Book Picks: Palmares

The novel's cover art with parrot and palm leaves

Palmares is marvelous. Magical realist and at times even Biblical, Gayl Jones’ novel is set in a fictional Brazil at the end of the 17th century. It opens with the young first-person narrator Almeyda, observing Mexia, a mixed race woman. She serves as a model for a particular type of femininity: quiet, alluring, and outwardly obedient. This divide between inner and outer worlds—appearance versus substance—lies at the heart of the novel. 

Jones creates many things from the materials of Brazilian history and her own imagination: a Bildungsroman, a slave narrative, an epic adventure, a romance, and a political novel. It is also a sort of anthology for the many voices that attempted to define Brazil before it was independent of Portugal. There are excerpts from an Englishwoman’s notebook, a collection of narratives written by a Black man, a European writer drafting the first dictionary of Brazilian Portuguese, a European painter who insists on painting (and assaulting) Black women—and yet in this horde of writers, sociologists, and artists is not one Black woman.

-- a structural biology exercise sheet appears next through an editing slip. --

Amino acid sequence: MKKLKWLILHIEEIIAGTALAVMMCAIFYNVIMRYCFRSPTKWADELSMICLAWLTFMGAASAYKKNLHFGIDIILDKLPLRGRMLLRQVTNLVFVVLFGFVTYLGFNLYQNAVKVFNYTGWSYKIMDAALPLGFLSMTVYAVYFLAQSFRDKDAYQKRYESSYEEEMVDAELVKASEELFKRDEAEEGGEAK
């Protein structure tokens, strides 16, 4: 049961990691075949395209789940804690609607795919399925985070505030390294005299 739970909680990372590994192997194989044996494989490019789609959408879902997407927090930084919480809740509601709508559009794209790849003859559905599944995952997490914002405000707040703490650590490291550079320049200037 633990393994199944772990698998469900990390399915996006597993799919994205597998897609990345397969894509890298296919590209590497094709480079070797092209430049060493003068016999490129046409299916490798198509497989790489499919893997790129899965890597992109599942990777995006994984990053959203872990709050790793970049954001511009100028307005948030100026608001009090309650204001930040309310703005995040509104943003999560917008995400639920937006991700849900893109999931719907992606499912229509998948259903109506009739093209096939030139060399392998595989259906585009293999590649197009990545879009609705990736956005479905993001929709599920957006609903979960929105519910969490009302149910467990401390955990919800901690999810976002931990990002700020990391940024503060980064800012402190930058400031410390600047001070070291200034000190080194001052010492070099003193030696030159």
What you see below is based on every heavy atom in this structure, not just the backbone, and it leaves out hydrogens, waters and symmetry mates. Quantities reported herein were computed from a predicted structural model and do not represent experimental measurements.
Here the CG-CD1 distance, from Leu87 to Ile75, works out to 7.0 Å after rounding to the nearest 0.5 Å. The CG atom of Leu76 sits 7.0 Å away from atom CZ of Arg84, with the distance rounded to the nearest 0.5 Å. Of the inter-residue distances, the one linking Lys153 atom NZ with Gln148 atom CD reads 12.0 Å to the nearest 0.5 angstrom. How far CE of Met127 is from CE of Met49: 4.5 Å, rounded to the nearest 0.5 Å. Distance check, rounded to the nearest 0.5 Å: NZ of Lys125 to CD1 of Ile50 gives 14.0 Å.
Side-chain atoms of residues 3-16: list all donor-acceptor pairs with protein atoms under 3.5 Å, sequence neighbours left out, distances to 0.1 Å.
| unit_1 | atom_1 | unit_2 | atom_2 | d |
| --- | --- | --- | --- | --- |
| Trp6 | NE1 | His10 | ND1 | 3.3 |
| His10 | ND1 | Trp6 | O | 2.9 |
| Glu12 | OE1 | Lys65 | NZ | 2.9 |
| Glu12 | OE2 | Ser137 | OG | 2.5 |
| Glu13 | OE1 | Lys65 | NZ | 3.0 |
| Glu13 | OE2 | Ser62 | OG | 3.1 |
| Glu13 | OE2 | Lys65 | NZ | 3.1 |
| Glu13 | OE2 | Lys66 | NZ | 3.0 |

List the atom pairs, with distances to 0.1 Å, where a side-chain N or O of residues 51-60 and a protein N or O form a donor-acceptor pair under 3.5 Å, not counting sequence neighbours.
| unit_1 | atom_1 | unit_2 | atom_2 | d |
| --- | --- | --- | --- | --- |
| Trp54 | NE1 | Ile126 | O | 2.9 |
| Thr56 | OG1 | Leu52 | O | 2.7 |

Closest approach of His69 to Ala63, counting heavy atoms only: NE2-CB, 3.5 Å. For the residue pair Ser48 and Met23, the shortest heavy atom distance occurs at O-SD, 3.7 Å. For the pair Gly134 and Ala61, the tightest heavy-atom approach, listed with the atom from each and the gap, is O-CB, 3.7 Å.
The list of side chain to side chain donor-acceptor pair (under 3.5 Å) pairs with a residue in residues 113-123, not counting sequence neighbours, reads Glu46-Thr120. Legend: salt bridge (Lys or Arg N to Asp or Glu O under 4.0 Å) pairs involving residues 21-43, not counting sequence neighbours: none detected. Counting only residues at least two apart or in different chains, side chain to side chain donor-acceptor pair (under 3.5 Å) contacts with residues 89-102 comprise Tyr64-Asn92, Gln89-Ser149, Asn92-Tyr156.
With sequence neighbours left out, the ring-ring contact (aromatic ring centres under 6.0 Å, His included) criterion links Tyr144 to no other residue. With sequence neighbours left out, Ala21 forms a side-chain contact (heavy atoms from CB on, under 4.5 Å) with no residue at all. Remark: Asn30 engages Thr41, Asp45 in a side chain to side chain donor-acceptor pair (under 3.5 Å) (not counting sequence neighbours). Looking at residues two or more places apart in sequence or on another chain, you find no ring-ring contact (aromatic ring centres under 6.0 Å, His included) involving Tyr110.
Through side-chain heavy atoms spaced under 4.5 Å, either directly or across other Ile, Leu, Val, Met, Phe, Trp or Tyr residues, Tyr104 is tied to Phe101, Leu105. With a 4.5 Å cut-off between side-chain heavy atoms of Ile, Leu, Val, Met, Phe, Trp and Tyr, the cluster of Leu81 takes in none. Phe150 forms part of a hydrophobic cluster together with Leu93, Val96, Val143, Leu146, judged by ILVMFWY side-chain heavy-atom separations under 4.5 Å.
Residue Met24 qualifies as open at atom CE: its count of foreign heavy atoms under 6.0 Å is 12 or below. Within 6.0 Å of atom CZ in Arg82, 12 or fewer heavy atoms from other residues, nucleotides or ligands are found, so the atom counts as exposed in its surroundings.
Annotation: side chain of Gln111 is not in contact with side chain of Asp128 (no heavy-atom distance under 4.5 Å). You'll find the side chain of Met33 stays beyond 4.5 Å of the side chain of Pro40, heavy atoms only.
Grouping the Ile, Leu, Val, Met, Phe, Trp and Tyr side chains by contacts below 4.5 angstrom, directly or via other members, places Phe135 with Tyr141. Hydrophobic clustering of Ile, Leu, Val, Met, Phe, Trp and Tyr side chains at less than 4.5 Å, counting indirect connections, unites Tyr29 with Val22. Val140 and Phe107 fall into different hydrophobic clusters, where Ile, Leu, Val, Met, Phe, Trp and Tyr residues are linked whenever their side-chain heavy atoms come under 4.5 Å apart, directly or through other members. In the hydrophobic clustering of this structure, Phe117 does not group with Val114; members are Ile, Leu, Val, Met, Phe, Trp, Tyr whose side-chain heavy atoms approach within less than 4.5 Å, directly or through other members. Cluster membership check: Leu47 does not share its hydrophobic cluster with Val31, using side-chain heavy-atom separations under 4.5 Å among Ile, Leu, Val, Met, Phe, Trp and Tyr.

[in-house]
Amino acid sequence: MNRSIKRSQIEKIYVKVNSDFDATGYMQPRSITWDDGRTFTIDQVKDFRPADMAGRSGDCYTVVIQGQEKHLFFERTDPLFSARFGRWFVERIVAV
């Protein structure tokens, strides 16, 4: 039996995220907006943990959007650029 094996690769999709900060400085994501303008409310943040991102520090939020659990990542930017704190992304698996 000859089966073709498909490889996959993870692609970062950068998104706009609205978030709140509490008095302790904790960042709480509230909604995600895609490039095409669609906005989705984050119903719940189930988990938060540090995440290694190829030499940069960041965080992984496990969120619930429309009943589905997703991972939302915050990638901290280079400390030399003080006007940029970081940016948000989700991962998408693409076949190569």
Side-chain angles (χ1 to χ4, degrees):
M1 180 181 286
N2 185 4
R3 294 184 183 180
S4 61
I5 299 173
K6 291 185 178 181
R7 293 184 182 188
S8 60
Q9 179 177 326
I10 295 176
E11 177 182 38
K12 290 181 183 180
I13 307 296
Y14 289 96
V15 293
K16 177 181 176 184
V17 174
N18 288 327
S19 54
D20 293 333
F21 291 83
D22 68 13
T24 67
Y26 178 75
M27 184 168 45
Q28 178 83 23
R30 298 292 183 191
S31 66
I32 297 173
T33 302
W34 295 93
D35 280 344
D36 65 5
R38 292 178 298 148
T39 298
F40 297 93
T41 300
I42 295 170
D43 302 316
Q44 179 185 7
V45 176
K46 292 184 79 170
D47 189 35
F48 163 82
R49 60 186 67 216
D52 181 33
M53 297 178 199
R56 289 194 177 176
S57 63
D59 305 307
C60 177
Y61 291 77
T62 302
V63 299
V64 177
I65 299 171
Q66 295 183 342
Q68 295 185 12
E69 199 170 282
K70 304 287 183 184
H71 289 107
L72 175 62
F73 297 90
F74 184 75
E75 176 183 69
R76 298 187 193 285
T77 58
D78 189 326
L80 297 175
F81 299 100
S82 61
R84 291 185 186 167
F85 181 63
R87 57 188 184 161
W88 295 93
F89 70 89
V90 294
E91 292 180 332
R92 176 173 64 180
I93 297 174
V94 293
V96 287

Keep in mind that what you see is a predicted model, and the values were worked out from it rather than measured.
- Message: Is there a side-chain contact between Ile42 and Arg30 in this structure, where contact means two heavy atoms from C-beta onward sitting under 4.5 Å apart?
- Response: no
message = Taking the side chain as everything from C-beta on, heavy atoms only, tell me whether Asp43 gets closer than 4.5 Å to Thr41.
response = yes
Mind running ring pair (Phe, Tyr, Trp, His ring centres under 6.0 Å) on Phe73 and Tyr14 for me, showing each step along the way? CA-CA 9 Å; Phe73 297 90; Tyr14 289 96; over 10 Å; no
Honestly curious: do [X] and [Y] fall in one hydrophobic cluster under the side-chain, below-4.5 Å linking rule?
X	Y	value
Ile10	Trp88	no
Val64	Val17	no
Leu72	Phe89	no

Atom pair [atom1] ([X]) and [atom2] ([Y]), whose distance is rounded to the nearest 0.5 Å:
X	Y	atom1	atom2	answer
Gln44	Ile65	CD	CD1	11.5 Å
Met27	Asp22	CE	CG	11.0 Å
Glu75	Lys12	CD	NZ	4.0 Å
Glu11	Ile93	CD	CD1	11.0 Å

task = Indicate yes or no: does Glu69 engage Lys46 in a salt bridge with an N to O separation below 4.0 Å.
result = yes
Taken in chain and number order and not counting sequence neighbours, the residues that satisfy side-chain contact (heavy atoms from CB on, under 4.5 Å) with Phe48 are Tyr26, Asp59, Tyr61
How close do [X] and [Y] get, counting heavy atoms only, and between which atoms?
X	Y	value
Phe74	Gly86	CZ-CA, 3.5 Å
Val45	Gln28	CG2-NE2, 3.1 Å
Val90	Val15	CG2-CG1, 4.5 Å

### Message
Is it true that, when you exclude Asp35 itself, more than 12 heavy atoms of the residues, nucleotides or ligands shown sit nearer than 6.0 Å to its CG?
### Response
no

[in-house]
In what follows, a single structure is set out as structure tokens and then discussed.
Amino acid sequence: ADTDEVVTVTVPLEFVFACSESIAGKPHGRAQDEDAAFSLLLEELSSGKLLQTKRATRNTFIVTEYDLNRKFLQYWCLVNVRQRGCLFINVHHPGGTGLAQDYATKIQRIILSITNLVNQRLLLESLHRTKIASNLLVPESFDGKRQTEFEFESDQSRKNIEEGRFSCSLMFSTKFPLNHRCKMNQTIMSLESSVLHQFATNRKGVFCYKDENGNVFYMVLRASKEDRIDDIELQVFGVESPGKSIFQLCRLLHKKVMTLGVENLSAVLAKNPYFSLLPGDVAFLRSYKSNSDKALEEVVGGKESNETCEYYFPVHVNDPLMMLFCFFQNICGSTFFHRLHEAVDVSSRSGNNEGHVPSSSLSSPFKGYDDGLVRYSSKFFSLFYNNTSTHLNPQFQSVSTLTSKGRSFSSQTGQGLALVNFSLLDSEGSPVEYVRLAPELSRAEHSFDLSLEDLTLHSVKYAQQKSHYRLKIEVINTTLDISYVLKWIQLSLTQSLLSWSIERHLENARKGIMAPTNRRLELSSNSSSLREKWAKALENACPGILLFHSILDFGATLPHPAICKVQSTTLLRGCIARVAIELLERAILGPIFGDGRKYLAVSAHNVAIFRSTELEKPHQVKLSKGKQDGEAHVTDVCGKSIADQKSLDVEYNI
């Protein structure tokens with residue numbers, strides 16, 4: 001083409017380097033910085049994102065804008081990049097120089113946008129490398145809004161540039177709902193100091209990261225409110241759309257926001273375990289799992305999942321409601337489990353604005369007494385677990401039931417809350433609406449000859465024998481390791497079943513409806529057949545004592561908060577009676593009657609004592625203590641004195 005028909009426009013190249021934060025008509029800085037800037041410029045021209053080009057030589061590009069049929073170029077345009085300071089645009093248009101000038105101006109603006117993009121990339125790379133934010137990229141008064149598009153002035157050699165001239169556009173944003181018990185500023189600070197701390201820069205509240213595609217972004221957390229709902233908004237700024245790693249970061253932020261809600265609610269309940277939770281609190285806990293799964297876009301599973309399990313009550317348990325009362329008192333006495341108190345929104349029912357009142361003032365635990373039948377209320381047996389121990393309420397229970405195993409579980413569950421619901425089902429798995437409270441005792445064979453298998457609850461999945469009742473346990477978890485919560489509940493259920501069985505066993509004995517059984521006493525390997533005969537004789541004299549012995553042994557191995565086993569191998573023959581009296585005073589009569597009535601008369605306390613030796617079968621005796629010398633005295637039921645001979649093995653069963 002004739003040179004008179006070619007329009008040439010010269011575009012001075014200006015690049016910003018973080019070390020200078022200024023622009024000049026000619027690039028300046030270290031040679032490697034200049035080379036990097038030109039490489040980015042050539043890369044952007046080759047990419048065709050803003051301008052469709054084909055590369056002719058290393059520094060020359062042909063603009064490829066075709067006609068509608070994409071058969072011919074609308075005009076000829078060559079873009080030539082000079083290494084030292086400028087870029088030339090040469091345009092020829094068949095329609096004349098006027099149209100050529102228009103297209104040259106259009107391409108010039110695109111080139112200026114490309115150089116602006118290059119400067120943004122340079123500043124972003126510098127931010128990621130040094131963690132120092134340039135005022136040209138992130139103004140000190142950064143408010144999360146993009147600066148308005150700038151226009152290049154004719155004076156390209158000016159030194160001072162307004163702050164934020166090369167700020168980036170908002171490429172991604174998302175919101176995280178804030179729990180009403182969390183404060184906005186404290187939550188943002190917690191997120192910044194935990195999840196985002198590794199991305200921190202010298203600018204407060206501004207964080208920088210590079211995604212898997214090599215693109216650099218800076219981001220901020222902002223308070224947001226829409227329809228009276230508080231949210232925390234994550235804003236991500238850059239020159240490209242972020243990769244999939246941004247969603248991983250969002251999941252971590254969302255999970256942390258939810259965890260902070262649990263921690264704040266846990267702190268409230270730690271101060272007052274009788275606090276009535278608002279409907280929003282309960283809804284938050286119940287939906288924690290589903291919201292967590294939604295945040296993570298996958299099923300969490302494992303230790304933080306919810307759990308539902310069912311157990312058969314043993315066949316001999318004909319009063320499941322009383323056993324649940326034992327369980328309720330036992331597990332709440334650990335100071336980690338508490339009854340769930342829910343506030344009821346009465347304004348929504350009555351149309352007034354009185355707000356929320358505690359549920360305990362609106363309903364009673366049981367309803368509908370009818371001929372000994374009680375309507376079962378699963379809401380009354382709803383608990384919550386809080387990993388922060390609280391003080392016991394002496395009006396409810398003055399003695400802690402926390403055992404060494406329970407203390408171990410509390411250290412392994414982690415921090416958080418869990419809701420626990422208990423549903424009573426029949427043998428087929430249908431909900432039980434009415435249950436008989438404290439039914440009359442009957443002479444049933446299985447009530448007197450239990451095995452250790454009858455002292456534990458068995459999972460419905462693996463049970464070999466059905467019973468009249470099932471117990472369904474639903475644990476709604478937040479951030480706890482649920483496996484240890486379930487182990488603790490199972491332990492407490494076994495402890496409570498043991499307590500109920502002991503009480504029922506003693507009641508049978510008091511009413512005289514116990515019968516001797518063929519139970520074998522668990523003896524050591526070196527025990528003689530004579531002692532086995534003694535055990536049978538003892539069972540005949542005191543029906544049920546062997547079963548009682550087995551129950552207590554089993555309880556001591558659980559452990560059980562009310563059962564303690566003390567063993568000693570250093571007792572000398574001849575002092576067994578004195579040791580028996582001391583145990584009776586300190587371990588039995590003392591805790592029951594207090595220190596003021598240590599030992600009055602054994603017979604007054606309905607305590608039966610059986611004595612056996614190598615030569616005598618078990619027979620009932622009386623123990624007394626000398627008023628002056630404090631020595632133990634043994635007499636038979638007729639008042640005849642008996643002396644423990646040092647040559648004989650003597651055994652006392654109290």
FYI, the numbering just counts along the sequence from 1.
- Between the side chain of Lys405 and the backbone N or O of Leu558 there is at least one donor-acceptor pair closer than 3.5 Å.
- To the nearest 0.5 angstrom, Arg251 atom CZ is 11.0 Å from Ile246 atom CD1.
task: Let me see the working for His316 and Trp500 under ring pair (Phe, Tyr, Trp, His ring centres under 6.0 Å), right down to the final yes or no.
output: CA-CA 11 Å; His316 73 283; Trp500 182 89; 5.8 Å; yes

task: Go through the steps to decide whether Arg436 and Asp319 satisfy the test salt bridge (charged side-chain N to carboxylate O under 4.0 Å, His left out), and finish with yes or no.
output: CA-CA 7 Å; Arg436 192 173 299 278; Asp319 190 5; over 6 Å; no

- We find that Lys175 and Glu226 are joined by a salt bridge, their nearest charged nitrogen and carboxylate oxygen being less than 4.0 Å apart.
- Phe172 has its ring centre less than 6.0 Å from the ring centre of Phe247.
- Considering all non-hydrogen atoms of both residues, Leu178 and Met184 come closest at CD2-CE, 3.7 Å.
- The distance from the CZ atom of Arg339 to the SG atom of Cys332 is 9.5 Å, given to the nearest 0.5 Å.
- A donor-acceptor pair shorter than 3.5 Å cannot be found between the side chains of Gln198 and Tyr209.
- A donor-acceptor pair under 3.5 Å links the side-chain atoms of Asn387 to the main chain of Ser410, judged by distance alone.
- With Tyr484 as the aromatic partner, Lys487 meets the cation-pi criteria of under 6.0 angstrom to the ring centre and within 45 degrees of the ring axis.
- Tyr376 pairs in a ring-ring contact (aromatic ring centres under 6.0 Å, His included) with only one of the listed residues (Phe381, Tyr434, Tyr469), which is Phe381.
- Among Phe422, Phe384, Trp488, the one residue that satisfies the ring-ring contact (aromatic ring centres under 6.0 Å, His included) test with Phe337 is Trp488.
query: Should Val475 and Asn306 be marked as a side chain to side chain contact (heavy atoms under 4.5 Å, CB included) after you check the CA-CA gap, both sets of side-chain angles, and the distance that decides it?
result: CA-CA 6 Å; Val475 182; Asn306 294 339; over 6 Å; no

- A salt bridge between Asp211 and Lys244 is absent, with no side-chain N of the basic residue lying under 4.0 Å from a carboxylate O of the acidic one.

I couldn’t help but think of the literary theorist Bakhtin and his concept of heteroglossia—a multitude of voices necessary to the novel, not just for verisimilitude but as an exploration of the ideologies embedded in language itself. Nothing could be more urgent for a young enslaved Black girl. 

Almeyda’s story itself presents a corrective to this absence of Black women from the historical record. Everywhere she goes there are Black women—often paired as sisters, lovers, or mothers and daughters. And these women tell their stories—the parts they can bear to say: the men who’ve disappointed them, the men who’ve empowered them, the jobs they’ve held, the skills they’ve learned, the freedoms they’ve won.

At first, Almeyda is a watchful child who absorbs the world around her as slavery thrusts her into one situation after another. It is not until the free city of Palmares, loosely based on a historical place founded by escaped slaves that endured for almost a century, that Almeyda begins to come into her own. When the battle that destroys Palmares also separates her from her husband Anninho, she sets off on a quest to find him, and we witness the fierce, canny, and ultimately hopeful woman Almeyda has become. 

Jones’ novel has much to say about the cycles of resistance, destruction, exodus, and return that have defined centuries of Black liberation throughout the Americas. Her novel also revisits characters she wrote of decades earlier in her book-length poem Song of Anninho. This is a story of magic and myth, particularly the kind that heals and connects Black and Indigenous people to the generations before and after. Above all, it is a story about Almeyda asserting herself as the authority of her own history, in her own language. A remarkable book.


Published by M.C. Easton

Novelist and teacher.

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